The trustees failed to demonstrate that rent for occupation of the premises was a properly assessed market rent which would cover the charity’s overheads. The trustees stated, that the yearly rental income covered all mortgage costs incurred by the charity, however later stated that the charity’s annual mortgage payment was higher than this.

It was unclear to the Inquiry how the permitted, free use of the premises to Loveworld Limited between 2006 -2012 was in the best interests of the charity and was properly authorised.

This indicates that the trustees failed to act in the charity’s best interests or with reasonable care and skill in terms of their decision-making and in the negotiation of the arrangements with Loveworld Limited and in not seeking appropriate advice regarding formalising occupation of premises by the company. In addition, the fact that the charity was also subsidising a proportion of the company’s utility bills indicates a lack of reasonable care and skill and a failure to use the charity’s resources responsibly. These actions were not in the charity’s best interest or in furtherance of its objects and were misconduct and/or mismanagement in the administration of the charity.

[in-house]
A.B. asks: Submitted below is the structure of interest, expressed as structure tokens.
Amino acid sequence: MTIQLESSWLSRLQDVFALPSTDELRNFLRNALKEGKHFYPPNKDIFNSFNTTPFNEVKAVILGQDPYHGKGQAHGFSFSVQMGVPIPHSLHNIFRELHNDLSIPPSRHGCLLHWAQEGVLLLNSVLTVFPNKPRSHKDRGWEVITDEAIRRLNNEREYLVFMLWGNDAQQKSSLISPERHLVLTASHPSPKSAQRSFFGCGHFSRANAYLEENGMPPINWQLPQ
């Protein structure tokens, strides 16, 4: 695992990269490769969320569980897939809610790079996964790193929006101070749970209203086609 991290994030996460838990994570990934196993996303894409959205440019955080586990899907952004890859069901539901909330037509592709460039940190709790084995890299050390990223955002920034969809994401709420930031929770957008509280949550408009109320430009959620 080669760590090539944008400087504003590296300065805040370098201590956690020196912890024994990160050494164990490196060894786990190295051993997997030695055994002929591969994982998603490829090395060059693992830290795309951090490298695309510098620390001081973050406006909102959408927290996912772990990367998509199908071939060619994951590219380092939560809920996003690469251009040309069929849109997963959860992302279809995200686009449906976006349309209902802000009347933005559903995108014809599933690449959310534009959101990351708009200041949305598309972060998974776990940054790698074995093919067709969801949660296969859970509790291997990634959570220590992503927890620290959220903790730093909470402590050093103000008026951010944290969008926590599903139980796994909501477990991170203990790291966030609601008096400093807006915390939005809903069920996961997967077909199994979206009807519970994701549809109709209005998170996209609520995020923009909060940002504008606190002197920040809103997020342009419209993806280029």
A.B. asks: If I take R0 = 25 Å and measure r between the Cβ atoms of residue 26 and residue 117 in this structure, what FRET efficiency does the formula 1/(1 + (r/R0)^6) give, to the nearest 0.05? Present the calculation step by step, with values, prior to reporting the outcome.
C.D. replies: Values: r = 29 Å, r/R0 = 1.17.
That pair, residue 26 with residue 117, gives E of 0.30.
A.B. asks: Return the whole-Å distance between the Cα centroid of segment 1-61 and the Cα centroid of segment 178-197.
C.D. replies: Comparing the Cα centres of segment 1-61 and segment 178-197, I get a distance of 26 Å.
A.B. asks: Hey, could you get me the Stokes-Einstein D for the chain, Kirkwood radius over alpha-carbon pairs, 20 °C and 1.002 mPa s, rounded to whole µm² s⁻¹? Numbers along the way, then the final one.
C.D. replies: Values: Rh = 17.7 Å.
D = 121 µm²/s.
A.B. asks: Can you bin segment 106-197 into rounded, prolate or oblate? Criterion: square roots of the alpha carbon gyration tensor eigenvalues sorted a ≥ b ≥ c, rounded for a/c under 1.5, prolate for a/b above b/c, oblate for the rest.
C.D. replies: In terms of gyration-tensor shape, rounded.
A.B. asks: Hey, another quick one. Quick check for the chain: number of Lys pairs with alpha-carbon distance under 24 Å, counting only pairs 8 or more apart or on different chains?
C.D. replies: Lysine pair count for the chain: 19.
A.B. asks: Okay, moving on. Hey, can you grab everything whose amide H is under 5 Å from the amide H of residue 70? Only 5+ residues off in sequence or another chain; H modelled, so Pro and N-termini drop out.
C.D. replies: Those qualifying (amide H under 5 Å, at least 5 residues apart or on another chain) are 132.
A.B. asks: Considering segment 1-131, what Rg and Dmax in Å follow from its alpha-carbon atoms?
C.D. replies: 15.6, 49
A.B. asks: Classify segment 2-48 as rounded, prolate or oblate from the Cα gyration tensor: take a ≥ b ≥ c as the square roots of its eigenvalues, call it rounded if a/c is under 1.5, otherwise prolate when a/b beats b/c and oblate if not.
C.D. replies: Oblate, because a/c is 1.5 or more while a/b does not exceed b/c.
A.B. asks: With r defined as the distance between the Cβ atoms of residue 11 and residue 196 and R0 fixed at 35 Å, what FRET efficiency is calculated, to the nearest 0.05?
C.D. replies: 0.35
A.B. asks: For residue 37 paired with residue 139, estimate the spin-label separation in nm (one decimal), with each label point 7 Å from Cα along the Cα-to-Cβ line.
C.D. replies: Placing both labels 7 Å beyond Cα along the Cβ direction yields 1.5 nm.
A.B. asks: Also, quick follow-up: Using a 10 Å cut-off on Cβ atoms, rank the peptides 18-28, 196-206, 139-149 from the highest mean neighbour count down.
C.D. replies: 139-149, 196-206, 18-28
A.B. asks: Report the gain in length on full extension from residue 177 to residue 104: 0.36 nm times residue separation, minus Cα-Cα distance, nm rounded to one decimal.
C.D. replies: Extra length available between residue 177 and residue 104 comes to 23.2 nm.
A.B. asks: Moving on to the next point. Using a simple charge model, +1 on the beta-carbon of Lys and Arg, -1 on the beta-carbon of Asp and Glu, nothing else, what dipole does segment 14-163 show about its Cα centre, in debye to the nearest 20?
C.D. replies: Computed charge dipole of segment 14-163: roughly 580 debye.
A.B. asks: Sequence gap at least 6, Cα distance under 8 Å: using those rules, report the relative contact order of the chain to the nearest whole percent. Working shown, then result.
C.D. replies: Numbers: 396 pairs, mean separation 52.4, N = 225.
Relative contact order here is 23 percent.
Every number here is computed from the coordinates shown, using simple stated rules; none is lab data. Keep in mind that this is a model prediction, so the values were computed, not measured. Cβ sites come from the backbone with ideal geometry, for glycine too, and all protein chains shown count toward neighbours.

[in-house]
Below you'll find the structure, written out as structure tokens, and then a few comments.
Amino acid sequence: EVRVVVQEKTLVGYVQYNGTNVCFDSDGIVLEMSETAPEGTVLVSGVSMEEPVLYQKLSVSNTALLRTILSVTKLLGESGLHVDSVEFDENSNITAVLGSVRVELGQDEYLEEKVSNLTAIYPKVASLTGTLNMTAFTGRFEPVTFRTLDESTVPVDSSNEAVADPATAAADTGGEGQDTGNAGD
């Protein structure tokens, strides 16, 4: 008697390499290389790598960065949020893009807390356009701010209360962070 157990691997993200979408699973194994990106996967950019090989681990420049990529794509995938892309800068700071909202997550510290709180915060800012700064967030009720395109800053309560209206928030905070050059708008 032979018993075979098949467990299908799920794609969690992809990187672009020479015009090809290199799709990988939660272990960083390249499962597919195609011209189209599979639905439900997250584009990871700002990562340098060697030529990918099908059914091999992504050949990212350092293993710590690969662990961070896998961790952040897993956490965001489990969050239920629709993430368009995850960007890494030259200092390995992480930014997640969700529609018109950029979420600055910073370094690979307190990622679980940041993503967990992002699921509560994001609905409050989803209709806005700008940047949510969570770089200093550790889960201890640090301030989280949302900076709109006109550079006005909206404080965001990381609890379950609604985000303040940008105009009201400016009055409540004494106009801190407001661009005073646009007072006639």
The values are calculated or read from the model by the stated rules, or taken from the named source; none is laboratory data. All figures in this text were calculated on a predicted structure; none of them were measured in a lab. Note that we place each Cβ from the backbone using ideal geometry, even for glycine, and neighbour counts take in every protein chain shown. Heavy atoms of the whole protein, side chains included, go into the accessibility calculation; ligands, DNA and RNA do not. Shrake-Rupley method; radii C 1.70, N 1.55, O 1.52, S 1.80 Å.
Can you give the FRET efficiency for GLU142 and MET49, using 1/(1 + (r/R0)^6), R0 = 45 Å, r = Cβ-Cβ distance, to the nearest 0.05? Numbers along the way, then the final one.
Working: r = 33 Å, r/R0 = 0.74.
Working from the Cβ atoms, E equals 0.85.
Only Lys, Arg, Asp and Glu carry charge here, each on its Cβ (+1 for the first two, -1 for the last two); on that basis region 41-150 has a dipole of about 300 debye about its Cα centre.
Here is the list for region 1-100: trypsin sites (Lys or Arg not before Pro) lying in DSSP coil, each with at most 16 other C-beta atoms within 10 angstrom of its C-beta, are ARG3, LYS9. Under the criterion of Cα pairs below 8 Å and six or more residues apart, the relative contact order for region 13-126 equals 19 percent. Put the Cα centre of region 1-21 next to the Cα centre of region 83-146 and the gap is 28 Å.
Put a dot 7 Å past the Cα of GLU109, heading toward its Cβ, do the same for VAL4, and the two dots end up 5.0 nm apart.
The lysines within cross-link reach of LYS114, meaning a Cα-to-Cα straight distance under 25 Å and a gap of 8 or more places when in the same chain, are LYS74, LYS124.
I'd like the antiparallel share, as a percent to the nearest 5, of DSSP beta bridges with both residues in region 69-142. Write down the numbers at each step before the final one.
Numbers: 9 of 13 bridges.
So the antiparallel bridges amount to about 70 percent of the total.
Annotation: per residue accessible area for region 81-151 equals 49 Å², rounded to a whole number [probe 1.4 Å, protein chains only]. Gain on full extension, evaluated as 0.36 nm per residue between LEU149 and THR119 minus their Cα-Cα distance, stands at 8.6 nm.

Ventaja Limited